I took my 6 month old to a speech pathologist
* This post is sponsored by Health Insurance Comparison
No, I’m not that mother. I wasn’t worried that my baby wouldn’t keep up with the other babies in his playgroup because he wasn’t speaking by 6 months of age.
I took him to a speech pathologist on the advice of our paediatrician, because he had a hypersensitive gag reflex, and we were having real trouble weaning him onto solids.
I’d done Baby Led Weaning (BLW) with his big sister, and she was sitting up eating steak, broccoli and pasta by the time she was 6.5 months old. It was brilliant – we bypassed all the purees and just went straight to the good stuff! She loved it and, apart from the mess, it was much easier for me because I could just give her bits of what I was eating.
So when it came time to start weaning the Stuntman onto solids I figured he’d take to it with a similar enthusiasm, and we’d all be on our merry ways, eating roast dinners as a family before I knew it.
Except he didn’t.
Every bit of food I offered him made him gag to the point of vomiting. The super ripe pear and delicious sweet potato chips that Little Miss had devoured became the stuff of nightmares as they were regurgitated back at me, with great force.
At first I wondered if perhaps this BLW thing just wasn’t for him, so I took it right back to almost liquid purees, but he still kept gagging and retching. Just putting the spoon in his mouth was making him heave.
We went off to see our paediatrician to try and figure out what was going on, who suggested that it was connected either to the Stuntman’s food intolerances, or his lip and tongue tie issues (which we’d had snipped, but still caused some problems). The Dr’s main thought was that after projectile vomiting several times a day for the first 5 months of his life (from cow’s milk and soy protein intolerance), the little guy’s gag reflex was so sensitive that anything that hit anywhere past the middle of his tongue triggered it, and caused everything to come tumbling back out of his mouth in a massive power chuck.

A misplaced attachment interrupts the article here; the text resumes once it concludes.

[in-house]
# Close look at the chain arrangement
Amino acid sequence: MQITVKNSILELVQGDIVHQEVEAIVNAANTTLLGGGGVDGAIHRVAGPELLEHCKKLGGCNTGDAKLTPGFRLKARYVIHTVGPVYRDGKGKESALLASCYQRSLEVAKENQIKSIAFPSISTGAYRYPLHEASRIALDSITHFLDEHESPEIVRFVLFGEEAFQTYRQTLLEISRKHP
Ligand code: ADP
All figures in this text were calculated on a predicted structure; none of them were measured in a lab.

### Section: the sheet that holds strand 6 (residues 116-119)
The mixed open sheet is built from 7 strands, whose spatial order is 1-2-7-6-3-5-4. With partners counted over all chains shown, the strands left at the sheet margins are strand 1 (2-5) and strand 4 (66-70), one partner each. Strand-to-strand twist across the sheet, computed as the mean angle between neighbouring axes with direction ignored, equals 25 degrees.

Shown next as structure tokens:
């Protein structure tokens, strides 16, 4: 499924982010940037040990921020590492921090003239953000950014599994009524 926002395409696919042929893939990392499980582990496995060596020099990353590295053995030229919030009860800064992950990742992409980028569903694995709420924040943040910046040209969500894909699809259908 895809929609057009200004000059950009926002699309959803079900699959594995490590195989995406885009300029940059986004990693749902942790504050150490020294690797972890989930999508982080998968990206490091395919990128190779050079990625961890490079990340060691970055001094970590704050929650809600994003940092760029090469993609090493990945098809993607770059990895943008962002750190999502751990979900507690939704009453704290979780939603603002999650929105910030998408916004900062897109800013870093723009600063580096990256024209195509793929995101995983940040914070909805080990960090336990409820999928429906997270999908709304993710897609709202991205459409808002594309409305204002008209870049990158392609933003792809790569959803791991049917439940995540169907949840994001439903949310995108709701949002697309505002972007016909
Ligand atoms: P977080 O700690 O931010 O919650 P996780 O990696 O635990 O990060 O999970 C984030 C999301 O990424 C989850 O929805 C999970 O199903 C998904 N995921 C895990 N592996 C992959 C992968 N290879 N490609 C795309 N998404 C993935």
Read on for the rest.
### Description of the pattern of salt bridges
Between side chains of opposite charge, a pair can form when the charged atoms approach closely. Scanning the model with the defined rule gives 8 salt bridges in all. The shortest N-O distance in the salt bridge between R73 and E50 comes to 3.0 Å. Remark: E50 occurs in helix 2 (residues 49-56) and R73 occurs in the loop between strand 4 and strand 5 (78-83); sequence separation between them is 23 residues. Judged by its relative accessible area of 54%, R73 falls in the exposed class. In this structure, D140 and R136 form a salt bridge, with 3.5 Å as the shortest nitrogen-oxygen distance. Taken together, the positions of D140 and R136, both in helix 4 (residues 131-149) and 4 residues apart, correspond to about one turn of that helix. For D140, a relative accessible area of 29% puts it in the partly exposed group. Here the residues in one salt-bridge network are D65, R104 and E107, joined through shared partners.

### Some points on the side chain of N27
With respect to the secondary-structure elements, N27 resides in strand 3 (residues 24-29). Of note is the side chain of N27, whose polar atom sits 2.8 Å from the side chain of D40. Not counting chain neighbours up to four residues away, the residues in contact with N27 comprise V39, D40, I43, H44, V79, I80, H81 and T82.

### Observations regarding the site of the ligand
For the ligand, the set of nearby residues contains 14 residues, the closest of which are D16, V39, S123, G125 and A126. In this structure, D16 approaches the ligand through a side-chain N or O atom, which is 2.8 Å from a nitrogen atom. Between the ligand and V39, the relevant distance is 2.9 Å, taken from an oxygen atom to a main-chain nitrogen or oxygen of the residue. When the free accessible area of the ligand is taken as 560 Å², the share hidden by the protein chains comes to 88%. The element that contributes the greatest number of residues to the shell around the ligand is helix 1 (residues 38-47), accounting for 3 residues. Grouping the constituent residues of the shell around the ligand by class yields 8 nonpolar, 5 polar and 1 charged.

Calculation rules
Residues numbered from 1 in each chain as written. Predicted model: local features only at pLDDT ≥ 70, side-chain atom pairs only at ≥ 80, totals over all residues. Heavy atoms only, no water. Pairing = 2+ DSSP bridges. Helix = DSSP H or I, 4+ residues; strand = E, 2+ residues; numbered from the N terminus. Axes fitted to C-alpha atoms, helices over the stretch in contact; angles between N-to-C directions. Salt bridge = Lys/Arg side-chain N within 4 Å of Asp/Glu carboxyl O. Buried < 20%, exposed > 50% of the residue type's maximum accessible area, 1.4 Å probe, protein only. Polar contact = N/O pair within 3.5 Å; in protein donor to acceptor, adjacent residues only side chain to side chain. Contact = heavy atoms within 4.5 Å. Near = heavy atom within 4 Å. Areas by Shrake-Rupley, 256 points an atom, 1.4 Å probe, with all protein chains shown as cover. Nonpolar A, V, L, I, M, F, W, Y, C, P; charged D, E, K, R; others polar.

Vomit and I were more than passing acquaintances in those first few months of my little man’s life.
Our paed was concerned about him developing food aversions due to the constant gagging and throwing up, which is why we were sent off to see the speech pathologist. In my limited experience with speech pathologists (i.e. going to one when I was a pre-schooler with a bit of a lisp), I thought that speech pathologists were just concerned with, well, speech.
But as well as helping people who have difficulty speaking, they also work with people of all ages who experience difficulties swallowing, or with oral sensitivities, like my little guy.
I almost hurled myself when I learnt that the cost of the initial consultation was around $190, with follow up sessions $130 each, but I was quickly relieved to find that our private health insurance would cover about 75% of the first visit, and 50% for follow ups. I wasn’t working at the time, so we just wouldn’t have been able to afford it without the health insurance covering some of the cost.
Having a baby with any kind of medical issue can be a huge drain on your bank account so it’s a good idea to make sure you’ve got the best health insurance package for your family. Health Insurance Comparison can compare a range of private health insurance options that might suit your family, and find you the best deal available.
At our initial visit with the speech pathologist she worked with the baby Stuntman using a range of props to try and desensitise his mouth and tongue area. She started off using larger teething toys, and encouraged him to have a good old chew on them, and tried to get him to put the toys deeper into his mouth. She then moved onto longer and thinner teething toys, and manipulated them so that they slipped down the side of his mouth, towards the back of his tongue.
We had a few barf triggers, and the splash mat she’d placed strategically underneath his highchair came into use more than once! But by the end of the one hour session the Stuntman was able to tolerate the end of a toothbrush in his mouth, placed down the side of his cheek and moved around his tongue without being sick (he was still gagging, but just not to the point of chundering!).
We left under instructions to practice these ‘mouthing techniques’ several times a day, and to purchase a thin electric toothbrush for him to play with, to try and desensitise his mouth even more. After a couple of weeks of the exercises, and three more sessions with the speech pathologist, I was beyond excited when the Stuntman managed to eat his first bowl of puree without puking.
Money well spent.
He progressed rapidly from the purees onto finger foods, and in less than a month he was eating steak and broccoli trees just like his sister had, with no hint of any of the dramas we’d gone through.
Have you experienced any feeding issues with your kids? How many synonyms for vomiting do you know??